Looking forward, because we (humans) must prepare for the 4th and 5th contagious novel coronavirus pneumonia following on the initial three: SARS, MERS, and this “SARS-CoV-2”. The next one may or may not be officially named “SARS-CoV-3” or “MERS-CoV-2”. The name is not so important, compared with the suffering, death, economic and all-of-society damage and destruction it might cause, just as this Covid-19 pandemic is doing around the world now.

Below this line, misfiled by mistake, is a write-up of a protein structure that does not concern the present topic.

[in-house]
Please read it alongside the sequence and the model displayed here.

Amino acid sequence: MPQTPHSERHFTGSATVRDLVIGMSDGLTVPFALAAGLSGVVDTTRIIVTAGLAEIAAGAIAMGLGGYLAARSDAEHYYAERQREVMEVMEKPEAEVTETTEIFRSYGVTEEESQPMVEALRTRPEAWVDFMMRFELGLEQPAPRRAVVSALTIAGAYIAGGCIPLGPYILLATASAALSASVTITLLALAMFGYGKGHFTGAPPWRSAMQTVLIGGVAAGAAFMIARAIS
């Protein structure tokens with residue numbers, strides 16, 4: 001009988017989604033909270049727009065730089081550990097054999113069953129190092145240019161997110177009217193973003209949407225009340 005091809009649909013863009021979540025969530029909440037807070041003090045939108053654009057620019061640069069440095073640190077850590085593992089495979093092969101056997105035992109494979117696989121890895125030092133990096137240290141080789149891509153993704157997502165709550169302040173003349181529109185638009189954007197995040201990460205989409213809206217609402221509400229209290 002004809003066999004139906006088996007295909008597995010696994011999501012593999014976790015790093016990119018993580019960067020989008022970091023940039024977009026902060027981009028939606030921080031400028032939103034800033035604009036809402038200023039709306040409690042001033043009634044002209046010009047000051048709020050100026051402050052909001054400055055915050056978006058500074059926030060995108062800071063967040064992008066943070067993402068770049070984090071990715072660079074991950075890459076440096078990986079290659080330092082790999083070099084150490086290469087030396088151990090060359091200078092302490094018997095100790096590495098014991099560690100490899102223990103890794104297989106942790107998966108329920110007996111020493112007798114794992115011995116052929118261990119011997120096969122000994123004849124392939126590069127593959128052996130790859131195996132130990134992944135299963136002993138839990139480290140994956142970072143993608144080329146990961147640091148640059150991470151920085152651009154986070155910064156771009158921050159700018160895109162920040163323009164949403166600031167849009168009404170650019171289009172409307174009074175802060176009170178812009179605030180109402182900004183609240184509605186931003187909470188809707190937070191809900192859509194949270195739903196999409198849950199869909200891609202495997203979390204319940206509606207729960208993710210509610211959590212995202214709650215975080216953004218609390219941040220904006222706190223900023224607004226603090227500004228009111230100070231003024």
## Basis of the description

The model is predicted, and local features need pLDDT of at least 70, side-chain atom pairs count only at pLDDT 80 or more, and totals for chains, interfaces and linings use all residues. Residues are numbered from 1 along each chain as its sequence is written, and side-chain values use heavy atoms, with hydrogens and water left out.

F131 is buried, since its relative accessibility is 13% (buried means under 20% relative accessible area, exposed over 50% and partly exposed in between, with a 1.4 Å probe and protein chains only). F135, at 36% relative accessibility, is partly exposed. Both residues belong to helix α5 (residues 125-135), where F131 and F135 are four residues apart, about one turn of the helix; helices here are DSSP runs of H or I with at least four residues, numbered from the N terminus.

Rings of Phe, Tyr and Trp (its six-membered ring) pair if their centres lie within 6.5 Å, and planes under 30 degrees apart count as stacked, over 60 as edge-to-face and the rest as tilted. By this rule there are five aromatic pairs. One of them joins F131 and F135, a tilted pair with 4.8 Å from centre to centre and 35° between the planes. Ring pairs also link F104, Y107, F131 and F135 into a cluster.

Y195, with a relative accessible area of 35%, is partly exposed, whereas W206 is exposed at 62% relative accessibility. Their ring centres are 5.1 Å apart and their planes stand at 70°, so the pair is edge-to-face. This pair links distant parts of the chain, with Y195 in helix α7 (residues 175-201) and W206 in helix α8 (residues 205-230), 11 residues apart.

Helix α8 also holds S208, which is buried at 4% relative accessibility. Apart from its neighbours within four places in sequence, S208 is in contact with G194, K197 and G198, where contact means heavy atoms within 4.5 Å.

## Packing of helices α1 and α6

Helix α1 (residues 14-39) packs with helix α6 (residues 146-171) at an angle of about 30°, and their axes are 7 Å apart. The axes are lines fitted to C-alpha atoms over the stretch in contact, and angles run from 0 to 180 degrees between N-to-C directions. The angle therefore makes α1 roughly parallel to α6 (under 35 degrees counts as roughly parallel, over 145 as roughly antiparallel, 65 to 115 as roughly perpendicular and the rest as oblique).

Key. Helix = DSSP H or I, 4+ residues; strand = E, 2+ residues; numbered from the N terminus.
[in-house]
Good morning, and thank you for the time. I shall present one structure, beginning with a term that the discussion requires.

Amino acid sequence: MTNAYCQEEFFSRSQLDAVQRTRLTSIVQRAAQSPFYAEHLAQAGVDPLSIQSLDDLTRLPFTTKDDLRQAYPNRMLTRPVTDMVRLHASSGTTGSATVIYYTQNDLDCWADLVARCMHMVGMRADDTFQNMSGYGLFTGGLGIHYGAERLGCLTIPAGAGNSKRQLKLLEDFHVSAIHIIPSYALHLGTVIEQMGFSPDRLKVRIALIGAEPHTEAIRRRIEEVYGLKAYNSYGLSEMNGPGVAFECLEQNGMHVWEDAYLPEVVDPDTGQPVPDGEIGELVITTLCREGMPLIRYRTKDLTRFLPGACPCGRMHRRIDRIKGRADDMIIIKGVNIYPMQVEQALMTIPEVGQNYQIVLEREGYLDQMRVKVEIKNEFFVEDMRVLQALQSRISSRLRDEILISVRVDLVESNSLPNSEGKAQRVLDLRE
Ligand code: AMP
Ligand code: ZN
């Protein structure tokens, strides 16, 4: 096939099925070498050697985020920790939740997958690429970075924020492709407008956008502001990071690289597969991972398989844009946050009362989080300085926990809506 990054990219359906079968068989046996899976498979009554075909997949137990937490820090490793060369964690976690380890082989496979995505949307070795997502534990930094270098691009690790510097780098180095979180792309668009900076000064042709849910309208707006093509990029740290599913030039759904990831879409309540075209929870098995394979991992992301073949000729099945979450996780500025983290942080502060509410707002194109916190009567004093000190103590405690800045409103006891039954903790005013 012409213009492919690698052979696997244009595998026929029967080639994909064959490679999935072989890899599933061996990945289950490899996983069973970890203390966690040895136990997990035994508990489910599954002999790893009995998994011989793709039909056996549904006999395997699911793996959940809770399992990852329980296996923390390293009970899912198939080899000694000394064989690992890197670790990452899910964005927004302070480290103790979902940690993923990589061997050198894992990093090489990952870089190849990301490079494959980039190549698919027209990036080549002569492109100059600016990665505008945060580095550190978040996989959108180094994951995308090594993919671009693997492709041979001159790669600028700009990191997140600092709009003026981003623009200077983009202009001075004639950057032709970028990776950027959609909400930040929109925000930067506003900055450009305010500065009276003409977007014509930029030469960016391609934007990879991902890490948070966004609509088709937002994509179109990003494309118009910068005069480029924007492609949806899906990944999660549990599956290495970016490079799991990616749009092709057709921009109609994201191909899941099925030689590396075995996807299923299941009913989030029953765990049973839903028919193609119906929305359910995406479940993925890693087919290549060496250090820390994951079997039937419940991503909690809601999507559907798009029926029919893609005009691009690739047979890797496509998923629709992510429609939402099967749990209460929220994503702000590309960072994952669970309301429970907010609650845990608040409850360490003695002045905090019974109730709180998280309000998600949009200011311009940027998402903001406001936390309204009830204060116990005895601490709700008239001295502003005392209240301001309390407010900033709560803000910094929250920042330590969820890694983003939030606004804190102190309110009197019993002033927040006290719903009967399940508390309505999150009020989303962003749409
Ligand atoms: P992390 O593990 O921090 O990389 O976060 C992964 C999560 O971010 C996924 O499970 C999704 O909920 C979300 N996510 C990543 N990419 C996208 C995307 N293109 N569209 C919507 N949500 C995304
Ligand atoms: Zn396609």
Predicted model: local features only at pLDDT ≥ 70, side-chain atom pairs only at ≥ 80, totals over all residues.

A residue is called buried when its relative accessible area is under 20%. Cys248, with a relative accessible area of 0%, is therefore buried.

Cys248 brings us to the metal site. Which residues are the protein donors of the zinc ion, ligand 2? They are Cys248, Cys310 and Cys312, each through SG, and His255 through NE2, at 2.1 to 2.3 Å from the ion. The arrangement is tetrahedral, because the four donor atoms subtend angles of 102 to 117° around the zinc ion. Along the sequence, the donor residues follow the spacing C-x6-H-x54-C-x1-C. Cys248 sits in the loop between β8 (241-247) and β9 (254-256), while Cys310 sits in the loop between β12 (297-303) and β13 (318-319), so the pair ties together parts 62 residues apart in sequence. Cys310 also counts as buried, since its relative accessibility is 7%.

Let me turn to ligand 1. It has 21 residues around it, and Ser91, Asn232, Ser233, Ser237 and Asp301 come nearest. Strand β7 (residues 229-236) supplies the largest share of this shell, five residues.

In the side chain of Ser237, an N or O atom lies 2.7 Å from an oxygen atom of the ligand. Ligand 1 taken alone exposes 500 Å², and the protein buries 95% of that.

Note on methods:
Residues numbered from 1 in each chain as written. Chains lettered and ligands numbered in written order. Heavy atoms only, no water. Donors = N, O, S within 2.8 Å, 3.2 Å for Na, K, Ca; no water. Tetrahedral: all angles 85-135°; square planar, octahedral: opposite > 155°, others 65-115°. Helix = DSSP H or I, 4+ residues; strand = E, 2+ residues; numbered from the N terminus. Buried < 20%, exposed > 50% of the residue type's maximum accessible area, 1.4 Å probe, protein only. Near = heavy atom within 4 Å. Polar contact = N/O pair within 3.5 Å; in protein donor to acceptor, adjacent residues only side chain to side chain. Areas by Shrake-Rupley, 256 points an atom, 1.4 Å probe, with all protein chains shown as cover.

Daniel Lucey, M.D. MPH, FIDSA, FACP, is an infectious diseases physician and adjunct professor of infectious diseases at Georgetown University Medical Center, a senior scholar at the Georgetown University O’Neil Institute, Anthropology Research Associate, Smithsonian Museum of Natural History and a member of the Infectious Diseases Society of America Global Health Committee.He has served as a volunteer medical responder to outbreaks that included the West Africa Ebola crisis. He has collected information on outbreaks starting in 2001 with cases of anthrax in 2001, and including smallpox vaccination 2002, SARS 2003, H5N1 Flu 2004, MERS in 2013, and Ebola in April, 2014, He has gathered, and updated information on the spread of the coronavirus Jan. 6.